You probably don't really have to walk to be a good driver, but it helps. For driving on a track or an autocross course, it helps to know the layout before you drive it, so put on your walking shoes and take a hike. Even the professional drivers in Formula 1 do a track walk before their race weekends, and even if they already know the track, they walk it to look for where to place the car, where to park if they break down, to inspect the road surface, etc. Even in autocross it's a good idea to have an escape plan just in case your brakes fail! I think our teacher taught us this in driver's education class long ago, that driving down a highway you should always be aware of not only what's ON the road, but what is OFF the road in case you are forced off the pavement to avoid an accident. Back in Ohio that usually meant which corn field would you drive into if suddenly the road was blocked, but luckily I never had to do that.
If that walking was too boring, here's my fastest run DRIVING this course:
I've seen various methods of walking the course, so I'd suggest you do it by yourself or with an experienced driver. Most clubs will offer a Novice course walk, and if you're new to autocross this is a great way to hear from the club's expert on how to drive the course. On the video above, I just held the camera in front of me and walked it in an amazingly slow 8 minutes, which turned into about 42 seconds during the event. You'll hear a few conversations of other drivers as they walk past the camera, and since this figure 8 course runs part of the course in both directions, there are people walking both ways all over the place. It might look confusing if all you see are a bunch of cones all over the place, but once you walk it or drive in an autocross event, it's a lot easier.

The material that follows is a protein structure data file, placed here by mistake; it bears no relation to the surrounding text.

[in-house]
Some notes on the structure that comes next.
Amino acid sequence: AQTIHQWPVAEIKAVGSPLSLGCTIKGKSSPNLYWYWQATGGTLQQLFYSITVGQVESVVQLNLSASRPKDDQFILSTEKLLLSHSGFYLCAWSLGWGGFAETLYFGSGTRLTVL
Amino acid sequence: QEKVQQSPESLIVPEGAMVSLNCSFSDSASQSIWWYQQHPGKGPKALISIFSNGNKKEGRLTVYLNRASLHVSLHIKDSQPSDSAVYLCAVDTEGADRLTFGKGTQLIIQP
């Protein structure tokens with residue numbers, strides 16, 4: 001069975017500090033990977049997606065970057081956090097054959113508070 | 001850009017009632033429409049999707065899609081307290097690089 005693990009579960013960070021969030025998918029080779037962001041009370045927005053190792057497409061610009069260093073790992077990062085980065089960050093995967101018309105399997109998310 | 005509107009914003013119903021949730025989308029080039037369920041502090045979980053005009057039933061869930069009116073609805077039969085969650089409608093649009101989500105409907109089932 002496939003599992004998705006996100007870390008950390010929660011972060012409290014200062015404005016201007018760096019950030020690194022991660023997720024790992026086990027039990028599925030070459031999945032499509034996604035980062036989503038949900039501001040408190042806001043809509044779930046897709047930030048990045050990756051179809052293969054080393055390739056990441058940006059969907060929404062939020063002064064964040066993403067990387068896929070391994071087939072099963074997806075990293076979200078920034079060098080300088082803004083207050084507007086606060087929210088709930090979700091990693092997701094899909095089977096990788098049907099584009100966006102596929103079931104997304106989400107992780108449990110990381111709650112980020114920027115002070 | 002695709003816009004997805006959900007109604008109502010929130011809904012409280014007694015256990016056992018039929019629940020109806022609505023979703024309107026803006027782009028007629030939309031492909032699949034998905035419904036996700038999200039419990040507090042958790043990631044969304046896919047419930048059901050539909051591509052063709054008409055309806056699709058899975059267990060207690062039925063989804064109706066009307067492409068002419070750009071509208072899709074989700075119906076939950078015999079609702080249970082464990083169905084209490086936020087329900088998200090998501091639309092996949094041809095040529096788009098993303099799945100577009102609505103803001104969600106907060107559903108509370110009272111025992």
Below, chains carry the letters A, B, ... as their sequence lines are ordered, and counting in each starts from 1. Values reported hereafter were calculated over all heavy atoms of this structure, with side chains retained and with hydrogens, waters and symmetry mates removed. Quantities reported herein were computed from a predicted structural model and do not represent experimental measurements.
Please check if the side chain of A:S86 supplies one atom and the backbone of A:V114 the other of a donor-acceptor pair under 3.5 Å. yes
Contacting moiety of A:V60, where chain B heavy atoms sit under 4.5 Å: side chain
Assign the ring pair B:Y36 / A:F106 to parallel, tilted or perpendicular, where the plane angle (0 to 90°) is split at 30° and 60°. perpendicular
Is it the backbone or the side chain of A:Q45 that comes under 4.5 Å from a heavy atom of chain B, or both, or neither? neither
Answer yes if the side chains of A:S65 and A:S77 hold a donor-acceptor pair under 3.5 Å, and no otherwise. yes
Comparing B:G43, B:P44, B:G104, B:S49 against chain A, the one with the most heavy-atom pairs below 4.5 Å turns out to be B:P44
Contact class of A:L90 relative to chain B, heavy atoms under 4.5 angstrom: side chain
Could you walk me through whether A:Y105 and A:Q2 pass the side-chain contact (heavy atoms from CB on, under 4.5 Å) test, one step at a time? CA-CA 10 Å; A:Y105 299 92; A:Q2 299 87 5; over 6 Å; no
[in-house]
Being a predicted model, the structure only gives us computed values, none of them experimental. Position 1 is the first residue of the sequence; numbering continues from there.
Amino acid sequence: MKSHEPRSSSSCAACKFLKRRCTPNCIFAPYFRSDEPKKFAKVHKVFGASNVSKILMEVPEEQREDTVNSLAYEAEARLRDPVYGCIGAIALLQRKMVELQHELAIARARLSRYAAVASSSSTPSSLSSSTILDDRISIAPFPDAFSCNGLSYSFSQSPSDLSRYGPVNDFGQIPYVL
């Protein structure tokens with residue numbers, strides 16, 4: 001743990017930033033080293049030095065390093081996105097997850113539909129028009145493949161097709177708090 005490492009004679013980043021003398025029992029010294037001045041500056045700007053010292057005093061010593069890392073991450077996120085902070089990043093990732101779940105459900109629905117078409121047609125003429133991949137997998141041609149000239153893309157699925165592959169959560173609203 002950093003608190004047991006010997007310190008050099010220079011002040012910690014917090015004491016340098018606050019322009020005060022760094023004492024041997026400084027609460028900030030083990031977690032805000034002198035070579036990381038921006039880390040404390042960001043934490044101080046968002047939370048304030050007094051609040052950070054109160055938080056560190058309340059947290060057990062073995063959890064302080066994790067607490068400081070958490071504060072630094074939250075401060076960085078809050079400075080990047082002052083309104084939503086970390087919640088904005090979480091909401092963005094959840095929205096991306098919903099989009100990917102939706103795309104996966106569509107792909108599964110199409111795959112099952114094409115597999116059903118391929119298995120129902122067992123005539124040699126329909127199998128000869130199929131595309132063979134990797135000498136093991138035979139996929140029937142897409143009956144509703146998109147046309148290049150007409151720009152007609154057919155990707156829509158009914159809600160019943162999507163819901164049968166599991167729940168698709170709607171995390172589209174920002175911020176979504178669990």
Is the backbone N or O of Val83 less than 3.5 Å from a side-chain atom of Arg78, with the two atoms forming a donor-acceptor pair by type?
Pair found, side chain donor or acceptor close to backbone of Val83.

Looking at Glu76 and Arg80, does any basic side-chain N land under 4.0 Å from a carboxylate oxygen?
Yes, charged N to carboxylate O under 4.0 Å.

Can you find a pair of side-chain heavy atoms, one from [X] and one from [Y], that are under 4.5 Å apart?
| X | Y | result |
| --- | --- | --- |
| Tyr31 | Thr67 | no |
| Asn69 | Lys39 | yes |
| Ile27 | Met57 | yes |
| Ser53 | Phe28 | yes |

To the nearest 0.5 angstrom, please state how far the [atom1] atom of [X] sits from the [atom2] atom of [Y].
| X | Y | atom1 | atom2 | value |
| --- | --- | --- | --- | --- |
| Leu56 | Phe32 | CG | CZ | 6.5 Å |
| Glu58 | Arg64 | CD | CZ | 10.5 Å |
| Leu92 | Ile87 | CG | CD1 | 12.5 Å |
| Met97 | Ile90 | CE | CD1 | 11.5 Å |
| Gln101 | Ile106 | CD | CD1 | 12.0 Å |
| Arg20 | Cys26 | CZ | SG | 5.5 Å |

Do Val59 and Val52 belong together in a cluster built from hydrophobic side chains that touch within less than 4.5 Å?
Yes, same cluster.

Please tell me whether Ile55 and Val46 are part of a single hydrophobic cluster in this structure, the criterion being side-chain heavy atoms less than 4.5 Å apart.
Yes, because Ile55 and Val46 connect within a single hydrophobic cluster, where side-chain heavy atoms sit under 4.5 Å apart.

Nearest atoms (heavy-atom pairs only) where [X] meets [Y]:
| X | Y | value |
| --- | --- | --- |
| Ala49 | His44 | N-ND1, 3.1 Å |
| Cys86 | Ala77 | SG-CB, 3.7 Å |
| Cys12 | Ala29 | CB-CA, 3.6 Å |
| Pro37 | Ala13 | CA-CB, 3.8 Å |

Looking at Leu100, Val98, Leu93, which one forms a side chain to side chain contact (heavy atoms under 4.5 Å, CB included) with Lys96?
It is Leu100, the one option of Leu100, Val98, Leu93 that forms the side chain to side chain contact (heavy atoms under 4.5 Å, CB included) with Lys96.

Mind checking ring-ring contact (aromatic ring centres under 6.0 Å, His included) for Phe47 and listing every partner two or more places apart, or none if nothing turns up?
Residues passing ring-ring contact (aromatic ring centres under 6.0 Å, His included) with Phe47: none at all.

So what NOT to do on your course walk is to go with a friend and just start talking and telling stories about great pizza or your latest modification to your car. The course walk should enable you to learn the course, and then start figuring out the fastest way to drive it.
Some clubs will provide a map of the course also, so that might be helpful if you're worried about getting lost. We had a map of this course posted on line the day before the event, so that's a little helpful to get the general layout in your head, but it is way more helpful to walk it in person the day of the event. Sometimes I've walked a course and found a spot that wasn't clear which way to go, so if that happens, I just ask someone from the club that knows. Most of the time there will then be some extra pointer cones or chalk marking on the course to clarify. The one exception to there only being one correct way on course is when a slalom of cones in a straight row is "optional", meaning you can start on the left OR the right of the first slalom cone, and then as long as you alternate thru the rest of them you're OK. I like the optional slaloms, because you can look at the entry and exit of the entire sequence and figure out which way is faster. If' it's a toss-up, then drive it both ways in competition and see how it goes!
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